MONTREAL — For some Canadians, the 90-second video evoked memories of George Floyd: A white police officer appears to be kneeling on the neck of a Black teenager who is face down on the ground on a Montreal street.

The police said on Saturday that they were investigating what happened after a video of the encounter drew an outcry from politicians and human rights advocates, many of whom expressed alarm over the way the 14-year-old appears to have been restrained.

The Montreal police said that the encounter took place on June 10 after officers were called to the scene of a fight among 15 young people near a high school in Montreal’s Villeray neighborhood. They said that two of the youths were armed.

It was not clear what happened in the lead-up to the encounter between the officer and the teenager. The Canadian Broadcasting Corporation reported that the teenager was subdued by officers’ knees for less than a minute and that one officer said the youth had what appeared to be a stun gun.

The outcry comes as Canada has been undergoing a national awakening about institutional racism, including among police forces, that has been fueled by the Black Lives Matter movement. Last year’s killing of Mr. Floyd by Minneapolis police officers set off that movement.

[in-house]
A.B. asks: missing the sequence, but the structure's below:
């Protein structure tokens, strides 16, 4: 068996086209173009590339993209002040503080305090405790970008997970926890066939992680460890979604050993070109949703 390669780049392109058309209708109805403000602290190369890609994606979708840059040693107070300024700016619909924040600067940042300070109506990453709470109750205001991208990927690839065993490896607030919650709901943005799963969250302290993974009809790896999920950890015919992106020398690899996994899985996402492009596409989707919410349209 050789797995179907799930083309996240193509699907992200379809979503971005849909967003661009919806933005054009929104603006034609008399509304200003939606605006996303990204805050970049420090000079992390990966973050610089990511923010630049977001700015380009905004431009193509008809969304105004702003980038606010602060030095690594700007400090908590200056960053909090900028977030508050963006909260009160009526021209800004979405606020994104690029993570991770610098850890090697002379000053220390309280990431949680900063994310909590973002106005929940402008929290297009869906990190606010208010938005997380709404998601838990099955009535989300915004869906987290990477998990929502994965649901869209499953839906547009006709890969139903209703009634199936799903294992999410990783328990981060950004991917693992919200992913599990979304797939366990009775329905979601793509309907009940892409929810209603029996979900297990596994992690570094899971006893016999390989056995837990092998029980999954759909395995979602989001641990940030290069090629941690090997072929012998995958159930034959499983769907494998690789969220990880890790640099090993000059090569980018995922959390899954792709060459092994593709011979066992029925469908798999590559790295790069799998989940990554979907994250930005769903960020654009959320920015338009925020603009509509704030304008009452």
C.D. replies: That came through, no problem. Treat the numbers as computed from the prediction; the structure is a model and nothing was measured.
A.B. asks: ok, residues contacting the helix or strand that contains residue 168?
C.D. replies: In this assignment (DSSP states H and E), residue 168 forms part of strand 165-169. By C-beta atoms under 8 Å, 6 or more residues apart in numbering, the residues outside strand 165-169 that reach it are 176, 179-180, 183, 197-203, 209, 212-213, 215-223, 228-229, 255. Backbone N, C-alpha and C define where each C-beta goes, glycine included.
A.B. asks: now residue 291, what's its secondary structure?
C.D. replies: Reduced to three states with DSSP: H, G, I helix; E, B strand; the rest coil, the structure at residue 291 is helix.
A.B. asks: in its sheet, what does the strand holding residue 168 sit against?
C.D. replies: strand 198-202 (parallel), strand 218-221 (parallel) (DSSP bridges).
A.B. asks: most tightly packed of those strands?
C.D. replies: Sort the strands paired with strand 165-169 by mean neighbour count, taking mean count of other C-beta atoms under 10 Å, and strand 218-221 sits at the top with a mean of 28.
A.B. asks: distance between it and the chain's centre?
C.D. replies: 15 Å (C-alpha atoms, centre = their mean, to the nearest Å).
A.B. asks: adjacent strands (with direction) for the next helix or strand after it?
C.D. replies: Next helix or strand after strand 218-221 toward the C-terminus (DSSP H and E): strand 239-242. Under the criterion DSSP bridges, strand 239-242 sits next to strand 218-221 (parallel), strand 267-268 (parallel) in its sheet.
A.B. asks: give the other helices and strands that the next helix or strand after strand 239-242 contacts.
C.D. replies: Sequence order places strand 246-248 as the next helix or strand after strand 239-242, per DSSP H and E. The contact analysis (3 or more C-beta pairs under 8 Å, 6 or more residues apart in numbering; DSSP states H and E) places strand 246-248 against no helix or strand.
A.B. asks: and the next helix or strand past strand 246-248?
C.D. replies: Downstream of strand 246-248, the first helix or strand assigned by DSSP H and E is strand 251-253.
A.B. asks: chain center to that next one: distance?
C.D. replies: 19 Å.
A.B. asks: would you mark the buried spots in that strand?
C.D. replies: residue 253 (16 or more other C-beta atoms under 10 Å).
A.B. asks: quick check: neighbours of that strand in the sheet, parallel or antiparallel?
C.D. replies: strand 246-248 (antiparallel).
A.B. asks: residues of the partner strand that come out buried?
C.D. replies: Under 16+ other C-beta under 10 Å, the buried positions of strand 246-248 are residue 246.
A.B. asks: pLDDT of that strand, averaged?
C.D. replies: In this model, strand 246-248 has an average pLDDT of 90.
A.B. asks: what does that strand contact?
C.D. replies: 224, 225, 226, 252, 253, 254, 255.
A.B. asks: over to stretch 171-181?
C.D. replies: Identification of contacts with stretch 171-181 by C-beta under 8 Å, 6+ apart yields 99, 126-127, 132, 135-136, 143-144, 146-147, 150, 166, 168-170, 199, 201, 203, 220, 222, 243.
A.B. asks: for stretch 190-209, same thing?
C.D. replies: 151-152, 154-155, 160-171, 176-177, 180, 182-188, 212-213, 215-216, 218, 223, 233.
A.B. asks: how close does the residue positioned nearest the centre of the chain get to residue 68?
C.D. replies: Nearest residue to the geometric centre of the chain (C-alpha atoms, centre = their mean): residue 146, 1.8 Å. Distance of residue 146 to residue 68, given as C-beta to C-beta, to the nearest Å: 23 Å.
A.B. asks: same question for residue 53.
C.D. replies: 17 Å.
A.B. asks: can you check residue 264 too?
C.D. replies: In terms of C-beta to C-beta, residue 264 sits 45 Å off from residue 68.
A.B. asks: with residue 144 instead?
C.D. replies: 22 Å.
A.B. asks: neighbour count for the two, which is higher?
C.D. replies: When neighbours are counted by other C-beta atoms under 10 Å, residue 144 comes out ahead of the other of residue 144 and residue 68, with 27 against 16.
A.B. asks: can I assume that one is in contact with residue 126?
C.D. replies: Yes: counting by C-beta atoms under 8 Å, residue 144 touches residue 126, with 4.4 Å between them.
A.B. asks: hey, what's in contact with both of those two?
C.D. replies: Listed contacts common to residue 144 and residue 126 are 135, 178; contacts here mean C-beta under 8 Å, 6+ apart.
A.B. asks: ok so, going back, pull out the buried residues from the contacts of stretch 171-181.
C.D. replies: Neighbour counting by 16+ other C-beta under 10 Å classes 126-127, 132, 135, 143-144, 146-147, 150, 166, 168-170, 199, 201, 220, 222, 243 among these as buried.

“This brings back memories of what happened to George Floyd, as police are using the same technique,” said Balarama Holness, a human rights advocate who is running for mayor of Montreal.

“Police need to be held accountable,” Mr. Holness continued. “These forms of techniques should not be allowed, period.”

Fernando Belton, a criminal defense lawyer who is representing the teenager in the video, said that he and another teenager, also 14, were apprehended after police officers arrived on the scene and the teens began to run away. He said one teenager was overtaken by two police officers, while the second was arrested by six officers. He said both had had knees placed on their necks.

“Why do you need that much police force on teenagers?” asked Mr. Belton, who teaches a class on racial profiling at University of Ottawa. “These are not criminals we’re talking about, but teenagers being arrested in broad daylight.”

The outcry over the video comes after Brenda Lucki, the commissioner of Canada’s storied national police force, the Royal Canadian Mounted Police, was recently forced to walk back her previous denials of systemic racism within the force. Prime Minister Justin Trudeau was among those arguing that police forces across the country were grappling with systemic racism.

Last year, Canadians reacted with outrage to a police dash cam video showing an Indigenous chief being held by one police officer and tackled to the ground by another, punched in the head and put in a chokehold.

While Canada prides itself as a progressive, liberal bastion, human rights advocates say that its law enforcement agencies need to undergo fundamental cultural changes to prevent the targeting of minorities.

Concern about police behavior has extended beyond Montreal. A study by the Ontario Human Rights Commission said that between 2013 and 2017, Black people in Toronto were nearly 20 times as likely as white people to be involved in fatal shootings by Toronto’s police force.

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